Getting there : Gandhi Class !
I knew this trip was not going to be easy even when I planned it. But Sri Chennakesava Swamy made it as easy as possible.
I caught the bus to majestic at the end of the street. For Rs. 12, I was taken in comfort to the B.M.T.C. bus stand. I walked across to the K.S.R.T.C. bus stand from there and asked my way around to a Belur bus. The one I picked was en-route to Sringeri. I managed to chant the Vishnu Sahasranamam and one chapter of the Bhagavad Gita on the buses, before I rested. You can’t call it sleep. I like the rattle-y K.S.R.T.C. buses better than the AC Volvos, because I have to keep changing the my posture to minimise back pain. The ticket was Rs. 154. To travel in Karnataka you need tons of exact change., no one will give you any, especially bus conductors.
The bus started at 9,30 pm and dropped me off in Belur at 2.30 am close to what the driver declared was a bus-station. The bus-staton had been totally broken down and there was no question of waiting there till day break.
I noticed that some young men were at work putting up some buntings to celebrate a rally due on Monday. I asked a serious young man in their midst what I should do. He directed me to the Chennakesava temple and asked me to wait there. “Is it safe?” I asked. “Yes”, he said. And I was off in the street brightened by the flood lights as bright as the full moon in the west. As I followed the moon and jupiter to the west past all the closed shops and lodges, I came to the gopuram of the temple. The sky was clear and the view of the moon atop the gopuram was so beautiful. I scouted the area a bit, found some parked tourist buses, a parked police jeep and some people sleeping in front of the closed cloak room and one other in front of the temple door.
I sat in the freezing cold, with a dupatta to protect me from the wind. A couple of policemen came by and enquired where I was from and told me to cover my head so as not to catch a cold. I asked if I too could move near the temple door which was a little sheltered from the wind and they said that would be fine.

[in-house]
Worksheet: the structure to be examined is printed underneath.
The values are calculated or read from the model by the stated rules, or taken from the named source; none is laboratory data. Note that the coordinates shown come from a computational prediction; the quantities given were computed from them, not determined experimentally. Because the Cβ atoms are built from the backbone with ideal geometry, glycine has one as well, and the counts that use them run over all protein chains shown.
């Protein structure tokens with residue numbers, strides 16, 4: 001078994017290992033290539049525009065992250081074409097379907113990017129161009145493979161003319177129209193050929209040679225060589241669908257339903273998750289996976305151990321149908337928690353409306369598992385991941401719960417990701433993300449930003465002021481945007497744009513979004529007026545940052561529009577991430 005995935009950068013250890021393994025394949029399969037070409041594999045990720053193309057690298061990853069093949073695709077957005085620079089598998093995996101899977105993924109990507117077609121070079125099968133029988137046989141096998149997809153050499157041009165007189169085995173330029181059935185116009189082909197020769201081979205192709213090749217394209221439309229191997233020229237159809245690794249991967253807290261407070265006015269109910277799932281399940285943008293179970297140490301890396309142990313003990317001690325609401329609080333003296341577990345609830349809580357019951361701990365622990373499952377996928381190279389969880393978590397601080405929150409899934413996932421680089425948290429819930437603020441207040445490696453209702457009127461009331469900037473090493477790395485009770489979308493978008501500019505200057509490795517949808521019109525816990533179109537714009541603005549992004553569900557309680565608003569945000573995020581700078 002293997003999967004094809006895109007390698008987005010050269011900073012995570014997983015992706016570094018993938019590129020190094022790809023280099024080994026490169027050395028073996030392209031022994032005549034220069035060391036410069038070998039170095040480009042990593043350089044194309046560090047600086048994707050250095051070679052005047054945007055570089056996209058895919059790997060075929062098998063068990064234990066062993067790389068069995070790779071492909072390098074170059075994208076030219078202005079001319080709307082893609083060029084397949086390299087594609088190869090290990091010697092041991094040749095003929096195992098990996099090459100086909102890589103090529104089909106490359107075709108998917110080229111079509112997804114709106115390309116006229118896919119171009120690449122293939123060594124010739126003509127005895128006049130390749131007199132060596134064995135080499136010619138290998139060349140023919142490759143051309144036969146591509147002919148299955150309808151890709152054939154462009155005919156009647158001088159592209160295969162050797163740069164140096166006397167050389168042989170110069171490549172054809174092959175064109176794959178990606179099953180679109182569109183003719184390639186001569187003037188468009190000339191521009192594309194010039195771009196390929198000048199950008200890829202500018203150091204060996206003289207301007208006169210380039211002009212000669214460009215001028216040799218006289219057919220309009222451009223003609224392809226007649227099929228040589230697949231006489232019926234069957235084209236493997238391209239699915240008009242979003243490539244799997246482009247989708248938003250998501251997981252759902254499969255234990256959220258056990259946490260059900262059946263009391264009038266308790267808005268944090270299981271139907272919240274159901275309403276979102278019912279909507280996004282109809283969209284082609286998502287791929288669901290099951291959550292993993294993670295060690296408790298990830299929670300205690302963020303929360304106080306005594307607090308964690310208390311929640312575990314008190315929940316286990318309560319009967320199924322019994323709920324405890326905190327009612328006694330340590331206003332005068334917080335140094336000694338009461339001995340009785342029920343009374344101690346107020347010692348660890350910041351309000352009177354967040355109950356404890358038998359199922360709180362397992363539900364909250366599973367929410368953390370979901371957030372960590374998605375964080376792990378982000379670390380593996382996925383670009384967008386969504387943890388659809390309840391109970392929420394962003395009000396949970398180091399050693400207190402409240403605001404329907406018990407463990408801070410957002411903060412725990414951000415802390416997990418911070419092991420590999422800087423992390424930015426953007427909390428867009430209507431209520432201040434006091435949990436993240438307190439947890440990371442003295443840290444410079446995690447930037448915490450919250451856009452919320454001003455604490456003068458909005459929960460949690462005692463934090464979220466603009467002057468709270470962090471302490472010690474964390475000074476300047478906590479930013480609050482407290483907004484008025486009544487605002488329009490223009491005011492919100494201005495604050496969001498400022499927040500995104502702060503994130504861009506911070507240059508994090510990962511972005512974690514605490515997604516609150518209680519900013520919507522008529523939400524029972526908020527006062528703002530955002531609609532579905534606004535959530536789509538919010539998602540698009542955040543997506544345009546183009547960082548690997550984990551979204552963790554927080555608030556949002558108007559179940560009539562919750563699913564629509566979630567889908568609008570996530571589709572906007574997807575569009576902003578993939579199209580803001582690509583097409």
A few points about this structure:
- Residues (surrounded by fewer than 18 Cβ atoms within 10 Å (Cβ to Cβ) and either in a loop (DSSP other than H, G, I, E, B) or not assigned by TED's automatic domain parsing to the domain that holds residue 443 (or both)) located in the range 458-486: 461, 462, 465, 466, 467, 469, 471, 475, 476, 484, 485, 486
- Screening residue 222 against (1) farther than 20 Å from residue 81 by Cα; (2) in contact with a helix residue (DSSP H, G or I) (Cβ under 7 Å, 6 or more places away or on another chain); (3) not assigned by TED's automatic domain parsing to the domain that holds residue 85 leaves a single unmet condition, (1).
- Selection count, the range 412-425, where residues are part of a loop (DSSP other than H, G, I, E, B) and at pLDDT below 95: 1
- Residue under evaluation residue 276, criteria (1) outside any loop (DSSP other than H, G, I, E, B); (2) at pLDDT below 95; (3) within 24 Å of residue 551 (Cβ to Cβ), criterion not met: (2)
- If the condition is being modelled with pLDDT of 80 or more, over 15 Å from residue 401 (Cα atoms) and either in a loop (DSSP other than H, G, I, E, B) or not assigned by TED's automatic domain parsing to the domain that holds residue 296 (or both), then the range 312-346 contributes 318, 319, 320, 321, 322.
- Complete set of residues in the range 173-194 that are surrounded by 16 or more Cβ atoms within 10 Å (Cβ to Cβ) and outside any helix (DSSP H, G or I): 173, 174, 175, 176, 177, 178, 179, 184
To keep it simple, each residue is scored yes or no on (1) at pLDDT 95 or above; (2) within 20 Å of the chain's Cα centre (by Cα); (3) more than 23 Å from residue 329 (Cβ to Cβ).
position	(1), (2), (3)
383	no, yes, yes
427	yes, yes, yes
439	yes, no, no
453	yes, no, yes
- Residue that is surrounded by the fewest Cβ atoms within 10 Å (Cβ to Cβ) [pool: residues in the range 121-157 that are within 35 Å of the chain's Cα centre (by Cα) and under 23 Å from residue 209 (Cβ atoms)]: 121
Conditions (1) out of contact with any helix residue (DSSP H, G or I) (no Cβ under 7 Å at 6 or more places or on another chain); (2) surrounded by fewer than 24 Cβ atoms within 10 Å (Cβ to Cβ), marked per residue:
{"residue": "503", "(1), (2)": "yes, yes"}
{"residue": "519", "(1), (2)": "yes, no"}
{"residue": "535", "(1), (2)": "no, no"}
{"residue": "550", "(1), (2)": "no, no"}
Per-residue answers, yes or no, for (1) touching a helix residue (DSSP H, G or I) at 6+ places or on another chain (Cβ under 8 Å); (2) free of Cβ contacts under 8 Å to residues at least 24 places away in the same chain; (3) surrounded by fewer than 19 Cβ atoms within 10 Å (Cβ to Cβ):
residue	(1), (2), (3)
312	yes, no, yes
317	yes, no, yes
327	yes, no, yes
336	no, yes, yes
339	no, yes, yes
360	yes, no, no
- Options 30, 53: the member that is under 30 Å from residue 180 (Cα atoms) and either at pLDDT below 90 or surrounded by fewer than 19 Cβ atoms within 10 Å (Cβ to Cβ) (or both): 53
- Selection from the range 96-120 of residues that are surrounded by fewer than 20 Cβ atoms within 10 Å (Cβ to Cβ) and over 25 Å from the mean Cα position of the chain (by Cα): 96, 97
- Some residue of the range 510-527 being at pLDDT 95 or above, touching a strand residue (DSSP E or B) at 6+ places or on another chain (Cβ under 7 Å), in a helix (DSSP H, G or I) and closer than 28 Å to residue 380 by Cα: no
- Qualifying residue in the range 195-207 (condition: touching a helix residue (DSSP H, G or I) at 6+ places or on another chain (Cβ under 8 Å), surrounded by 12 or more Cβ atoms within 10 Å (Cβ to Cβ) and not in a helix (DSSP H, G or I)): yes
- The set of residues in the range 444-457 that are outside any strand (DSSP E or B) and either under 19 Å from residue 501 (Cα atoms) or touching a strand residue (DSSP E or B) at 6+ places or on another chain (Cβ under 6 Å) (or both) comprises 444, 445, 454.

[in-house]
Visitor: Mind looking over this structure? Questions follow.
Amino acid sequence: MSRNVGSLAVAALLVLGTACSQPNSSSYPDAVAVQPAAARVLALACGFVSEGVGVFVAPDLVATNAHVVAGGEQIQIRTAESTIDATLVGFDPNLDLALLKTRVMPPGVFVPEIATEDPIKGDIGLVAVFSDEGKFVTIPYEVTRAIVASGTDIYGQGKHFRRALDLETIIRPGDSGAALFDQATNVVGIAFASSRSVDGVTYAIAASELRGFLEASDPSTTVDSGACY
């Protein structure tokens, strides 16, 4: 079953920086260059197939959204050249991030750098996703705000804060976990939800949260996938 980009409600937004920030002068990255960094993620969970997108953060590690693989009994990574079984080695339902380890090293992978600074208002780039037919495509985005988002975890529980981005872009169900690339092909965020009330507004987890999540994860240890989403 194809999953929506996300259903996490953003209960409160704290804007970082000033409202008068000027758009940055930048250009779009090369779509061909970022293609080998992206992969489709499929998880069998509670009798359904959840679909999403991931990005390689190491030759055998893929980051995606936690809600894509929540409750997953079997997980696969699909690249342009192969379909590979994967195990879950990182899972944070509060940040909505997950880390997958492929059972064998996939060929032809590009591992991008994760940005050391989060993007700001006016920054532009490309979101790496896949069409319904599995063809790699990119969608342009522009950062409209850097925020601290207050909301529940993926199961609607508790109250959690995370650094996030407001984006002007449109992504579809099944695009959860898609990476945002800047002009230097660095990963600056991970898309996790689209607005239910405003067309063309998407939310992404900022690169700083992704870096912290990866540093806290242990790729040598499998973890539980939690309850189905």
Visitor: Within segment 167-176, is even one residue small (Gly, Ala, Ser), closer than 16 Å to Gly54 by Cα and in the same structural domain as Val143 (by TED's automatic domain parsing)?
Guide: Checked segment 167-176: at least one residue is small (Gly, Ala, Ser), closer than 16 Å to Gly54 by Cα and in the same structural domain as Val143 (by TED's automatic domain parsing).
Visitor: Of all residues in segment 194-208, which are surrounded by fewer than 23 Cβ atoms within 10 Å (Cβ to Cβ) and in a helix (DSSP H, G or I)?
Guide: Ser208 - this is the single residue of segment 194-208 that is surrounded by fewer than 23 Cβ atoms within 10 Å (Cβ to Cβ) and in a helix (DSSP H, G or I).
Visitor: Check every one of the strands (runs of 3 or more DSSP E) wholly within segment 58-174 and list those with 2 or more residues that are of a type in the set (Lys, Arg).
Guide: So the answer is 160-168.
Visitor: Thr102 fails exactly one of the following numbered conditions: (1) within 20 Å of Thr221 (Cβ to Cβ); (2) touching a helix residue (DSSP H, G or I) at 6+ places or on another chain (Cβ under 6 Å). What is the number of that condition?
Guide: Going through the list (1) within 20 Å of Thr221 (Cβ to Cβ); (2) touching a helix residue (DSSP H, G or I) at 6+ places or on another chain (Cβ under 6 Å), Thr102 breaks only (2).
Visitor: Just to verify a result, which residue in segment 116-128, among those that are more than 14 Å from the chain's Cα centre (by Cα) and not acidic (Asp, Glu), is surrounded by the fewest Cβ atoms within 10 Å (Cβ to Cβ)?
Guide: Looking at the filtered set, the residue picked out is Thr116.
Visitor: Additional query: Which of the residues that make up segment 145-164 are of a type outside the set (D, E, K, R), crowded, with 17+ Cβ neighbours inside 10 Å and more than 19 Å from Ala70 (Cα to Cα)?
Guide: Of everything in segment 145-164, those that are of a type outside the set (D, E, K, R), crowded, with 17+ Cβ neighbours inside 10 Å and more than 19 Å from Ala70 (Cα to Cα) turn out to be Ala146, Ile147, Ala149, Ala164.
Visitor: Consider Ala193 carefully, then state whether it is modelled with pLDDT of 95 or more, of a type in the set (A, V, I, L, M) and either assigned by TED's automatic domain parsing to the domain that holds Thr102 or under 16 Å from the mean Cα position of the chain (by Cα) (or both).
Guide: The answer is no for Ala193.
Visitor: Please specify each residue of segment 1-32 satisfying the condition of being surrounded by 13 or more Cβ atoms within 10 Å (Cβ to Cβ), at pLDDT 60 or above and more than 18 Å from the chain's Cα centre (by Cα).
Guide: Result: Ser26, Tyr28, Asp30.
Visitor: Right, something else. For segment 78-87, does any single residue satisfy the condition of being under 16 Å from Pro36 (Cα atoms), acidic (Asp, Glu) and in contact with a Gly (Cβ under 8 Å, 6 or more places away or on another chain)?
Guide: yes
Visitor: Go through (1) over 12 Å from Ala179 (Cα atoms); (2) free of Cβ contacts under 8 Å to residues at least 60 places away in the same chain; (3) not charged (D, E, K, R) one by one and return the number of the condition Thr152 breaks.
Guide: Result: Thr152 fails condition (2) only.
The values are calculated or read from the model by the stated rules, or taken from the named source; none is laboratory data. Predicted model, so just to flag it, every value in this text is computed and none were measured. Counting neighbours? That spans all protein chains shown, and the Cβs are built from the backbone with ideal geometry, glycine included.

So covered with two dupattas, unable to lean on the freezing temple walls, and burying my face in my warm hands, I sat cross legged in front of the temple door (where temple beggars might sit in the day) and I rested.
As it became 4 am, I saw some people around a tiny fire and wanted to see if it was any warmer than where I was. So off I went. Some tamil men had made a little fire of the street trash of paper and plastic and permitted me to join the circle and warm my palms.
By this time a tea-maker had arrived with his cart and I though that would be warmer the fire which was beginning to die out and I took leave of them and bought a cup of hot tea. After that I was warmer but the wind got even colder. I chanted chapter 2 of the bhagavad gita for a while. It did not make me as warm as vedic chanting would have.. but I am scared of chanting vedas in public especially near a temple. I am afraid of how people might react to it.
This time I sat in front of the other door, since the man sleeping there had pushed off. I thought it would be warmer because it did not face the wind, but it was colder because there was a gap in the door and that lead to bernoulli’s effect.
After a while a small panel in the door opened and a man stepped out. He wanted to know where I was from. When I said Bangalore, he looked at my mismatched cotton dupatta drapes and asked me if I was from rural bangalore. That was rather astute of him because Bangalore north is rural-ish compared to the hep and happening south.
Once it crossed 5 am, I decided walking would be warmer than sitting down. So I went for a walk through the lovely flood lit streets and the namaaz started on the loudspeakers. Wherever you are in India, the 5 am namaaz is a part of the audio experience. At that instant I was in front of a Hanuman temple, so I did my namaah to Hanuman and wended my way back to Chennakesava.